Abstract

In Vietnam during 1966 and 1967, the United States Army expended nearly half of its artillery ammunition in unobserved Harassment and Interdiction (H&I) strikes. By June 1970, the army had nearly eliminated H&I. The reasons for this shift inform the ongoing debate over American strategy during the Vietnam War. Although both General William C. Westmoreland and his successor, General Creighton W. Abrams, emphasized that poorly applied firepower could cause collateral damage, neither leader viewed H&I as inherently counterproductive. Indeed, both leaders responded to budgetary pressures, rather than concern over civilian casualties, when reducing H&I. Neither reduced H&I fire as part of a radical shift in strategy.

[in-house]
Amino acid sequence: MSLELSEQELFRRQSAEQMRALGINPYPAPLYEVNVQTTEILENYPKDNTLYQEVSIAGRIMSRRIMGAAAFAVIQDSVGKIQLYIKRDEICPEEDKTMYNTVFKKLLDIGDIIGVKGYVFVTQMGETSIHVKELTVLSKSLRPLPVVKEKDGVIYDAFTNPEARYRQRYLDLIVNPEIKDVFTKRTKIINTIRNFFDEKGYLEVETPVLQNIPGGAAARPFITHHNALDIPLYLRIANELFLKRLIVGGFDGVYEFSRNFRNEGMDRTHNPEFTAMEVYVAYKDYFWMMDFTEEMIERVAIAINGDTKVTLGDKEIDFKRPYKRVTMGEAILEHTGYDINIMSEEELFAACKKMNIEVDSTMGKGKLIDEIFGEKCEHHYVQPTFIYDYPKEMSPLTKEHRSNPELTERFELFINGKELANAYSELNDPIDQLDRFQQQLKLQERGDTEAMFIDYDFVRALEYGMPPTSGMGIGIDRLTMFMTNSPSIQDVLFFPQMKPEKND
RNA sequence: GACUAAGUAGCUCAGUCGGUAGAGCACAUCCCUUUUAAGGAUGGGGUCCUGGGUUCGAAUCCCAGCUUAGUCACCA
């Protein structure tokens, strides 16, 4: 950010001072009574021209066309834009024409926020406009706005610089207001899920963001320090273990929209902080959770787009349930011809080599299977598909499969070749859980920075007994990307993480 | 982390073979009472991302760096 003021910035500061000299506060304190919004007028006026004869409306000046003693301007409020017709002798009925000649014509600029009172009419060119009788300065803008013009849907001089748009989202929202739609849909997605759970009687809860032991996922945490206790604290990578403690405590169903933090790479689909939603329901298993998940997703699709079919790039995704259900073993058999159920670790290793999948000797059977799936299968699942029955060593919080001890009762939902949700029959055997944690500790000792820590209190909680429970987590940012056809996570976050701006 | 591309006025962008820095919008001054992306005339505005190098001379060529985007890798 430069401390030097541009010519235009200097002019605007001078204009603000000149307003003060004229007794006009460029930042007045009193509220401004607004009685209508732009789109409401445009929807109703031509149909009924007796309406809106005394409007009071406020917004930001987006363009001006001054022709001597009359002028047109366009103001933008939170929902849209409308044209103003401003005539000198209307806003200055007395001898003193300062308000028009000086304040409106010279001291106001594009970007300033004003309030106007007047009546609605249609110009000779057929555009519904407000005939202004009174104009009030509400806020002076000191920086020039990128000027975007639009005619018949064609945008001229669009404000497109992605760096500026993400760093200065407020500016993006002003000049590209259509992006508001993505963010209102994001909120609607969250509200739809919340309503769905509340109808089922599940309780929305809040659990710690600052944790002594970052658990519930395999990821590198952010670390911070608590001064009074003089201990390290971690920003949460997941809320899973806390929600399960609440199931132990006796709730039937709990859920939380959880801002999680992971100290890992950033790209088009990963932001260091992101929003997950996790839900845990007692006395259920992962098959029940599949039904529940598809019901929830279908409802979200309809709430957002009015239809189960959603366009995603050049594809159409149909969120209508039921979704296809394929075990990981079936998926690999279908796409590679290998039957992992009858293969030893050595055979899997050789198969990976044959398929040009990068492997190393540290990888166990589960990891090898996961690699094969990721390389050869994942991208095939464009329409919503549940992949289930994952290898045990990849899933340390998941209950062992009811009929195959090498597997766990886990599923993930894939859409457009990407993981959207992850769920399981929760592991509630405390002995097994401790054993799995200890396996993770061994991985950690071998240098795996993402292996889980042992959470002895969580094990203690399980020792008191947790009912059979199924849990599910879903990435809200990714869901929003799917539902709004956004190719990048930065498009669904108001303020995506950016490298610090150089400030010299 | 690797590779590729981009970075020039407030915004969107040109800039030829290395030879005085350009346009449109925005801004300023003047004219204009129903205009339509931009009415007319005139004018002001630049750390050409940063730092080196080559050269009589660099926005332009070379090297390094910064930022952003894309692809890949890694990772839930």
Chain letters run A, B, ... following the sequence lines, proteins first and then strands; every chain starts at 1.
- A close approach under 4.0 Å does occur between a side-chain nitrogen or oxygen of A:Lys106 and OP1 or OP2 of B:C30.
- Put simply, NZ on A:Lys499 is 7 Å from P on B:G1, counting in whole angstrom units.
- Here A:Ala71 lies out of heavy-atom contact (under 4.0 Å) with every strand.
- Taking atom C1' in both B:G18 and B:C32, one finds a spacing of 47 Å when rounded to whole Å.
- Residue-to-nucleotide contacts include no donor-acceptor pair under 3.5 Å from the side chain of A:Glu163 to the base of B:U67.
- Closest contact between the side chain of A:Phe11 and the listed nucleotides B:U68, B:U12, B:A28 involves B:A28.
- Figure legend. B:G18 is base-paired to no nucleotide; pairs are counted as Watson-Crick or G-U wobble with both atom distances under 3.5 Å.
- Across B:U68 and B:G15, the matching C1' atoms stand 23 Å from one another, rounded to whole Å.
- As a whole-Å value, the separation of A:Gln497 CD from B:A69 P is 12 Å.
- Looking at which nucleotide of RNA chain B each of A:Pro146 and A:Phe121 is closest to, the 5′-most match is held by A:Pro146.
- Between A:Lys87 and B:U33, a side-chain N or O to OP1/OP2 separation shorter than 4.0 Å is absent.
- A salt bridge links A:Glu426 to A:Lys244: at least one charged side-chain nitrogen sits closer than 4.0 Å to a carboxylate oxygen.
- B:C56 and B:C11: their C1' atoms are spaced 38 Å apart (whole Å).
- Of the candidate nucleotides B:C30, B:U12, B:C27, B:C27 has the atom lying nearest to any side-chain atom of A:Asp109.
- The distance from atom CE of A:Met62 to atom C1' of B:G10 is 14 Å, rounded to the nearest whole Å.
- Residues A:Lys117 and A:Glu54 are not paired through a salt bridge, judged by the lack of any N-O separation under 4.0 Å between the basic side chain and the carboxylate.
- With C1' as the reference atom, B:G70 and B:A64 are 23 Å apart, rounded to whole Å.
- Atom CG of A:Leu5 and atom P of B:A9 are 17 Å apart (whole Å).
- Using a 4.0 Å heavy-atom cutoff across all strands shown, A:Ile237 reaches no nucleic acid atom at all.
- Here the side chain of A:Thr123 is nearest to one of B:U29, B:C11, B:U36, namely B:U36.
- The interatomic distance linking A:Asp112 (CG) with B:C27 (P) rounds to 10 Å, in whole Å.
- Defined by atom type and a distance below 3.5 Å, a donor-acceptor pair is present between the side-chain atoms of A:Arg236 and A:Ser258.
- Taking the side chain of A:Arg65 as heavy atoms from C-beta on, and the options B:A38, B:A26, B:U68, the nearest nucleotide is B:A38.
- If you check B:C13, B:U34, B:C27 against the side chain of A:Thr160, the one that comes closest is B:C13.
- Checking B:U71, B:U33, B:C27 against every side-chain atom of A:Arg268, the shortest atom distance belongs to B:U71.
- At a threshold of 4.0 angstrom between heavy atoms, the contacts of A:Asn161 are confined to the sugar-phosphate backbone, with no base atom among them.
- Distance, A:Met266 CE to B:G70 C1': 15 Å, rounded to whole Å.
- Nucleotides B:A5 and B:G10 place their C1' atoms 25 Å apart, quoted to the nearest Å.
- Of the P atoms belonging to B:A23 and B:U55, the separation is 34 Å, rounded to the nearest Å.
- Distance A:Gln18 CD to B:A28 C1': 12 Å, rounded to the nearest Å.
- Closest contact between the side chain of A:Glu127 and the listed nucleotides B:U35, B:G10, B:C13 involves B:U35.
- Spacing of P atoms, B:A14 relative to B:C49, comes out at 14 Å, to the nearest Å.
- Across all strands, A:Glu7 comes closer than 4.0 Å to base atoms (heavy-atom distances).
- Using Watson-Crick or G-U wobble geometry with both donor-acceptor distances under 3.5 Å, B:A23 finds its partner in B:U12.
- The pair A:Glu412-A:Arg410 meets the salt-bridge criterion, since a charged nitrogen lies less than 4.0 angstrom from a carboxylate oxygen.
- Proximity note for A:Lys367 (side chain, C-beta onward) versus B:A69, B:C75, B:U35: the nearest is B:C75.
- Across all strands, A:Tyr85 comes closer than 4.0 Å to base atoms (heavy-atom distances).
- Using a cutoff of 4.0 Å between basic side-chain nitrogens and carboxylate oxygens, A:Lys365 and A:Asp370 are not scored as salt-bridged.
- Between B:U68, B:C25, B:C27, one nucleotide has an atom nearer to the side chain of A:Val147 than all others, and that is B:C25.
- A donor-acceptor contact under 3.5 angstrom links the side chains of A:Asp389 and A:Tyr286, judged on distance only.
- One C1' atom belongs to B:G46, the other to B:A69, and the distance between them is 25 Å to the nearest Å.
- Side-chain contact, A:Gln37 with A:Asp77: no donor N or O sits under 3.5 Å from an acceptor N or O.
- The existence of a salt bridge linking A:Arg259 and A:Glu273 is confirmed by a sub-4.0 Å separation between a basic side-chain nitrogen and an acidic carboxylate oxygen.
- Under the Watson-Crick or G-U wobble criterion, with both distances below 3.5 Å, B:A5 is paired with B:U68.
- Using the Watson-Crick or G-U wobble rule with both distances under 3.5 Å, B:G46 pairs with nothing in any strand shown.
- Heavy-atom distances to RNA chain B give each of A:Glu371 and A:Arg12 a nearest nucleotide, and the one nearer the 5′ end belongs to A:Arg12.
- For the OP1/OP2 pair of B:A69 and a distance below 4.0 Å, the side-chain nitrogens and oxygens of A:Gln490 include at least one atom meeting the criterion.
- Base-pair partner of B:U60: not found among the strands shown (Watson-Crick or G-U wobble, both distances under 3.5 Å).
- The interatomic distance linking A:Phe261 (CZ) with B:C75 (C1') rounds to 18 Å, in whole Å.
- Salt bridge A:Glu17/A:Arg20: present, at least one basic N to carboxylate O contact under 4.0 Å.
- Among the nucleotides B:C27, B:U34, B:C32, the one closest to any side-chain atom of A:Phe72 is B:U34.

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Additional Information

ISSN
1543-7795
Print ISSN
0899-3718
Pages
pp. 91-122
Launched on MUSE
2006-01-09
Open Access
No
Archive Status
Archived 2010
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